Deploy an Amazon Web Services VM with a runbook
In this article, you learn how you can leverage Azure Automation to provision a virtual machine in your Amazon Web Service (AWS) subscription and give that VM a specific name - which AWS refers to as “tagging” the VM.
You need to have an Azure Automation account and an Amazon Web Services (AWS) subscription. For more information on setting up an Azure Automation account and configuring it with your AWS subscription credentials, review Configure Authentication with Amazon Web Services. This account should be created or updated with your AWS subscription credentials before proceeding, as you reference this account in the sections below.
Deploy Amazon Web Services PowerShell Module
Your VM provisioning runbook uses the AWS PowerShell module to do its work. Use the following steps to add the module to your Automation account that is configured with your AWS subscription credentials.
Open your web browser and navigate to the PowerShell Gallery and click on the Deploy to Azure Automation button.
You are taken to the Azure login page and after authenticating, you will be routed to the Azure portal and presented with the following page:
Select the Automation account to use and click OK to start deployment.
When Azure Automation imports a PowerShell module, it extracts the cmdlets. The activities don't appear until Automation has completely finished importing the module and extracting the cmdlets. This process can take a few minutes.
In the Azure portal, open your Automation account.
Click on the Assets tile and, on the Assets pane, select Modules.
On the Modules page, you see the AWSPowerShell module in the list.
Create AWS deploy VM runbook
Once the AWS PowerShell Module has been deployed, you can now author a runbook to automate provisioning a virtual machine in AWS using a PowerShell script. The steps below demonstrate how to use native PowerShell script in Azure Automation.
For further options and information regarding this script, please visit the PowerShell Gallery.
Download the PowerShell script New-AwsVM from the PowerShell Gallery by opening a PowerShell session and typing the following command:
Save-Script -Name New-AwsVM -Path <path>
From the Azure portal, open your Automation account and select Runbooks under Process Automation.
From the Runbooks page, select Add a runbook.
On the Add a runbook pane, select Quick Create to create a new runbook.
On the Runbook properties pane, type in a name for your runbook.
From the Runbook type drop-down list, select PowerShell, and then click Create.
When the Edit PowerShell Runbook page appears, copy and paste the PowerShell script into the runbook authoring canvas.
Note the following when working with the example PowerShell script:
- The runbook contains a number of default parameter values. Evaluate all default values and update where necessary.
- If you have stored your AWS credentials as a credential asset named differently from
AWScred, you need to update the script on line 57 to match accordingly.
- When working with the AWS CLI commands in PowerShell, especially with this example runbook, you must specify the AWS region. Otherwise, the cmdlets fail. View AWS topic Specify AWS Region in the AWS Tools for PowerShell document for further details.
To retrieve a list of image names from your AWS subscription, launch PowerShell ISE and import the AWS PowerShell Module. Authenticate against AWS by replacing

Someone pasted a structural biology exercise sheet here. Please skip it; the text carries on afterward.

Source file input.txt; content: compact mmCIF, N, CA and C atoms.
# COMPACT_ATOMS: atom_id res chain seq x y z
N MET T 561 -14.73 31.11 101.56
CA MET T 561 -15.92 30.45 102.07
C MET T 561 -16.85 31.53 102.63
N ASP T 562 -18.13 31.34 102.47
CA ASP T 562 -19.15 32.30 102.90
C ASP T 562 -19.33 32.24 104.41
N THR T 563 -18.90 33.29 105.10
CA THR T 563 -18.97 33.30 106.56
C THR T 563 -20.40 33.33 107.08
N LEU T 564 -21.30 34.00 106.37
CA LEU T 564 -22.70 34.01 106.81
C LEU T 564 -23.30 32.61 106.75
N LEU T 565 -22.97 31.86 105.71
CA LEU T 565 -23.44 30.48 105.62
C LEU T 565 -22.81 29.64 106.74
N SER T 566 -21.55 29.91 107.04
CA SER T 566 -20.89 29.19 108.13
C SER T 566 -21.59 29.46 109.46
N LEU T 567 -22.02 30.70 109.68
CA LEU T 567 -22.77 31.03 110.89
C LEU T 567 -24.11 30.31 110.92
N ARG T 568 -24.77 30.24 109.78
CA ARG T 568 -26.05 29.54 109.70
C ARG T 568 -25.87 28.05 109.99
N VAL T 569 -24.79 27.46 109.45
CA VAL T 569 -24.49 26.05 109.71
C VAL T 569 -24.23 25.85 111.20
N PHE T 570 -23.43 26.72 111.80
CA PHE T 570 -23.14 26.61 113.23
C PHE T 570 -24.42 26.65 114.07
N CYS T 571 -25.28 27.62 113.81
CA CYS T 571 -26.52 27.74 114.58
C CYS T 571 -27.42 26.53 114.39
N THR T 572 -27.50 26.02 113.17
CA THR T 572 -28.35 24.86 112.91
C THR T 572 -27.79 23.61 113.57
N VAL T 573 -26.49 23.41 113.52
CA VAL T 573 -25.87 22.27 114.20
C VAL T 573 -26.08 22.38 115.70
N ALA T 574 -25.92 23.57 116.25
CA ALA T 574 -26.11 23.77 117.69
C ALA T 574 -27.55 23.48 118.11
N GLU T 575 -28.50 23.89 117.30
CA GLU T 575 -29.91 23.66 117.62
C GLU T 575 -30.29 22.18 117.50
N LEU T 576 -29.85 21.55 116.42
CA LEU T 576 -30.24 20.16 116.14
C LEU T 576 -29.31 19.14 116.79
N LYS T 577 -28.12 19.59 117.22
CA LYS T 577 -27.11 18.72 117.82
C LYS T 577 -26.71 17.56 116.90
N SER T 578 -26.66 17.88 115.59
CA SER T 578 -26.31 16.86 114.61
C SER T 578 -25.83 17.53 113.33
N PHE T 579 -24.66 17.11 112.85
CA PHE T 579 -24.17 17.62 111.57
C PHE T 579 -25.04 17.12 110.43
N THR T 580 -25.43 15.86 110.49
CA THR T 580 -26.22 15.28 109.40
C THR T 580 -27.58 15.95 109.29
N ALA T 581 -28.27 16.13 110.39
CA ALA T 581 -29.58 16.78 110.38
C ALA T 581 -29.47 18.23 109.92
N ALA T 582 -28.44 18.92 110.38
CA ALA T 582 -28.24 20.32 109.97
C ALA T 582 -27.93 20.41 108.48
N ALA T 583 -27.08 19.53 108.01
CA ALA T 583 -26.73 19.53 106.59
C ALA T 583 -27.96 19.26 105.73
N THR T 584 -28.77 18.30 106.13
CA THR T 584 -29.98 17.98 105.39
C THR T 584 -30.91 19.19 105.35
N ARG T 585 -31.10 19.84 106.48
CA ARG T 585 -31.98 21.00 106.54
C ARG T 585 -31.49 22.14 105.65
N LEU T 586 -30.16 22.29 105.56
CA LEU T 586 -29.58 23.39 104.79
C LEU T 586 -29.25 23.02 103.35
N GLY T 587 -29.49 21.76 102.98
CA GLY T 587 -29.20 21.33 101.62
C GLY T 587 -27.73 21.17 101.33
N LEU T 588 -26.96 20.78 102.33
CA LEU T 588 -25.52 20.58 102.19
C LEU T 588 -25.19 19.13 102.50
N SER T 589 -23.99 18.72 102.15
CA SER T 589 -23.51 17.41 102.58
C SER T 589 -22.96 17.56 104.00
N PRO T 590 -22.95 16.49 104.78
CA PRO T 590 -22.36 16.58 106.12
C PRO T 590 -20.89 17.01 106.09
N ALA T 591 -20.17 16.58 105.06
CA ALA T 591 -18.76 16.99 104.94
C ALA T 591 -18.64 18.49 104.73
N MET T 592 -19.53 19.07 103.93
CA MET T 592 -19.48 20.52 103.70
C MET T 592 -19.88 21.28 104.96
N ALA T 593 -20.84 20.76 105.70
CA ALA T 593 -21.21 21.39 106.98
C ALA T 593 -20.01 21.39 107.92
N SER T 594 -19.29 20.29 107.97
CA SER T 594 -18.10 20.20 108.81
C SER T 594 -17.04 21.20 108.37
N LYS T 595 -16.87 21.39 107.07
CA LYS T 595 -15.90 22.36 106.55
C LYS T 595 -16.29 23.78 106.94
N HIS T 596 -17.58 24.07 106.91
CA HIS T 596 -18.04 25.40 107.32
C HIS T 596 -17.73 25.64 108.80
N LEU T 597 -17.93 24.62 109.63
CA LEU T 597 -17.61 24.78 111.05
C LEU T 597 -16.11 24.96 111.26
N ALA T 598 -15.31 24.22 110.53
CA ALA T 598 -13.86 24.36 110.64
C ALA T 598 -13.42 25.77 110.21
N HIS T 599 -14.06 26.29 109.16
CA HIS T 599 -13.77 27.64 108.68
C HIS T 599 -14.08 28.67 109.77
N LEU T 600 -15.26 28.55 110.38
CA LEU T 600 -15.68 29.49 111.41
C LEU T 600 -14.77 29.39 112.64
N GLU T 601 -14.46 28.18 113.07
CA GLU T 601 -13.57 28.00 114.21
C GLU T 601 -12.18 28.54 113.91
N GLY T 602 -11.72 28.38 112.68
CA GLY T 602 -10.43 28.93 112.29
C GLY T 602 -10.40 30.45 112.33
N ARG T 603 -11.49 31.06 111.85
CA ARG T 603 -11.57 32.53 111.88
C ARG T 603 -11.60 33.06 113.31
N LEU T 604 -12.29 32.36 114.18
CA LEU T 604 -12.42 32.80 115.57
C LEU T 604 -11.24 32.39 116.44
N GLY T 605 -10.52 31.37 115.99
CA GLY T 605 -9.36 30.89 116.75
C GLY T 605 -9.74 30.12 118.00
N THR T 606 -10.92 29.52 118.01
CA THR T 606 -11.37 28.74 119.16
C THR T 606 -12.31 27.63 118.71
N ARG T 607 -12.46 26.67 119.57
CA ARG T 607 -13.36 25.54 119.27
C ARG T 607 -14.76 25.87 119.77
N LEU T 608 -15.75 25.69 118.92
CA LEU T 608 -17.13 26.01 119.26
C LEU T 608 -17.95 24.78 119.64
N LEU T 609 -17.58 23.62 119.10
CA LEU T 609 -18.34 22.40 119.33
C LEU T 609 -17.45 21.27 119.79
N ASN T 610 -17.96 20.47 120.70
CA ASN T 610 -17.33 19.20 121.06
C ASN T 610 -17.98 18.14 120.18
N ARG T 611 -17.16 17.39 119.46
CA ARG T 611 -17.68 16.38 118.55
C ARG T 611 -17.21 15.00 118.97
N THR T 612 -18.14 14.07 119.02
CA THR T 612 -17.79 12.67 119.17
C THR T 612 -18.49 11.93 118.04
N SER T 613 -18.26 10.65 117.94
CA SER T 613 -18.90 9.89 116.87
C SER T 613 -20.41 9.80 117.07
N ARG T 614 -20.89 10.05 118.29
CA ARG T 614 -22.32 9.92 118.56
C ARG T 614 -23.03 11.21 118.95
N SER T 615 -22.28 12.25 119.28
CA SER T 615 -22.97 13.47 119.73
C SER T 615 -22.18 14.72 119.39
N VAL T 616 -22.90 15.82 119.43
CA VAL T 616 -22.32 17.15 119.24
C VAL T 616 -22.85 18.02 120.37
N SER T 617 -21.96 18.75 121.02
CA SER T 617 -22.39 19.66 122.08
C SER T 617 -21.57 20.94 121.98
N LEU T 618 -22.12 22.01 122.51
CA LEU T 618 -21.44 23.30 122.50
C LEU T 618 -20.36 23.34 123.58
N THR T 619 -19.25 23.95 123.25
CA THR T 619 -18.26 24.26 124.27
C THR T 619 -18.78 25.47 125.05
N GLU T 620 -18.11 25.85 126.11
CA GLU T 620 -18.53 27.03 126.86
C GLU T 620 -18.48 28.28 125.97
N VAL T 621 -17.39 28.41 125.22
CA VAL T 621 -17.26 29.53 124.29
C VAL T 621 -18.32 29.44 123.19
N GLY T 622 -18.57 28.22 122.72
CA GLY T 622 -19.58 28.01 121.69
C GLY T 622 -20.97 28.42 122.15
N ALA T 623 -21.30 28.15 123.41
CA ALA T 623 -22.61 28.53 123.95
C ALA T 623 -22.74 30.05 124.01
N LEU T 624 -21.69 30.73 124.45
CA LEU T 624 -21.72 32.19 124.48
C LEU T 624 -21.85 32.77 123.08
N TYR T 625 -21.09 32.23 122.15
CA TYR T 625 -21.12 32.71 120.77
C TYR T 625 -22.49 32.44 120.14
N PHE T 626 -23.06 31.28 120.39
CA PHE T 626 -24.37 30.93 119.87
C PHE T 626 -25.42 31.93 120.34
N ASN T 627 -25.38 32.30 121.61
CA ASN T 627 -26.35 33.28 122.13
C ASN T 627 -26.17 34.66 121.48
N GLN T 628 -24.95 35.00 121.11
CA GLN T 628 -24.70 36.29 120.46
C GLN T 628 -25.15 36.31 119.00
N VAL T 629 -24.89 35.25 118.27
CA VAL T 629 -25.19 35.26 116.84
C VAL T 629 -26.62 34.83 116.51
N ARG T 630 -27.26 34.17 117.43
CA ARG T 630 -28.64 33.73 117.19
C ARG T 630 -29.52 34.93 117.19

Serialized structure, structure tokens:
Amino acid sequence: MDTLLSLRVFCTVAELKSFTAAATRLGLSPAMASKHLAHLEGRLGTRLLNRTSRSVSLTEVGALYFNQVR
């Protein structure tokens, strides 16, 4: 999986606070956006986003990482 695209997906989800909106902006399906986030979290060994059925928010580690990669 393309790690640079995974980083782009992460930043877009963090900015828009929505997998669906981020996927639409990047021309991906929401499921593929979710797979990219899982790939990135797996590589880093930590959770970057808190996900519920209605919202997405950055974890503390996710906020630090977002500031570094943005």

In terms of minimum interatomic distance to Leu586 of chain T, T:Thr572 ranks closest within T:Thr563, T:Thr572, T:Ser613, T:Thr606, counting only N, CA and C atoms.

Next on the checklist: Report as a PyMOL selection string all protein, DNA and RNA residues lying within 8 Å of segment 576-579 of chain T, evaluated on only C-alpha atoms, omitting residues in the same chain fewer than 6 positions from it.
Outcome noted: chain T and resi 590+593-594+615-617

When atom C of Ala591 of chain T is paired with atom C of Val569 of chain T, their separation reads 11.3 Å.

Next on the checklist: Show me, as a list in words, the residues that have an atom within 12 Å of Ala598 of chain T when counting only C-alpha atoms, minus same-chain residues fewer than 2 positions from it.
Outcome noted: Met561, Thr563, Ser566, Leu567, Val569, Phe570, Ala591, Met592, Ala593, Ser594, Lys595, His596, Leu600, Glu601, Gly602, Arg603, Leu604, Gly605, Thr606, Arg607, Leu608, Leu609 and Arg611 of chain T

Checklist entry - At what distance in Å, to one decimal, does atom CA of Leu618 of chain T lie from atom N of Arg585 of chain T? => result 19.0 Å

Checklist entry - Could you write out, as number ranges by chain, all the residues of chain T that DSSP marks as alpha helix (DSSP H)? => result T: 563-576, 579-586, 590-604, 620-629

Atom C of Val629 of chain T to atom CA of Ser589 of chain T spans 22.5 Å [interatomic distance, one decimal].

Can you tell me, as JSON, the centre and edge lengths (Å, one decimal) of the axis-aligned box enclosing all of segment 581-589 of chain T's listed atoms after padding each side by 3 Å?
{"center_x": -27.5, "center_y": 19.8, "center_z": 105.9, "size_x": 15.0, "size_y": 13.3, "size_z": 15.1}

Get-AutomationPSCredentialin your ISE environment with
AWScred = Get-Credential. This statement prompts for your credentials and you can provide your access key ID for the user name and your secret access key for the password.
#Sample to get the AWS VM available images #Please provide the path where you have downloaded the AWS PowerShell module Import-Module AWSPowerShell $AwsRegion = "us-west-2" $AwsCred = Get-Credential $AwsAccessKeyId = $AwsCred.UserName $AwsSecretKey = $AwsCred.GetNetworkCredential().Password # Set up the environment to access AWS Set-AwsCredentials -AccessKey $AwsAccessKeyId -SecretKey $AwsSecretKey -StoreAs AWSProfile Set-DefaultAWSRegion -Region $AwsRegion Get-EC2ImageByName -ProfileName AWSProfile
The following output is returned:
Copy and paste the one of the image names in an Automation variable as referenced in the runbook as
$InstanceType. Since, in this example, you are using the free AWS tiered subscription, you use t2.micro for your runbook example.
Save the runbook, then click Publish to publish the runbook and then Yes when prompted.
Test the AWS VM runbook
- Verify that the runbook creates an asset called
AWScredfor authenticating against AWS, or update the script to reference your credential asset name.
- Verify your new runbook and make sure that all parameter values have been updated has necessary. Ensure that the AWS PowerShell module has been imported into Azure Automation.
- In Azure Automation, set Log verbose records and optionally Log progress records under the runbook operation Logging and tracing to On.
- Click Start to start the runbook, then click OK when the Start Runbook pane opens.
- On the Start Runbook pane, provide a VM name. Accept the default values for the other parameters that you preconfigured in the script. Click OK to start the runbook job.
- A Job pane is opened for the runbook job that you created. Close this pane.
- You can view progress of the job and view output streams by selecting All Logs from the runbook Job pane.
- To confirm that the VM is being provisioned, log into the AWS Management Console if you aren't currently logged in.
- To find out what runbooks are supported, seeAzure Automation runbook types.
- To work with runbooks, see Manage runbooks in Azure Automation.
- For details of PowerShell, see PowerShell Docs.
- For script support, see Native PowerShell script support in Azure Automation.
- For a PowerShell cmdlet reference, see Az.Automation.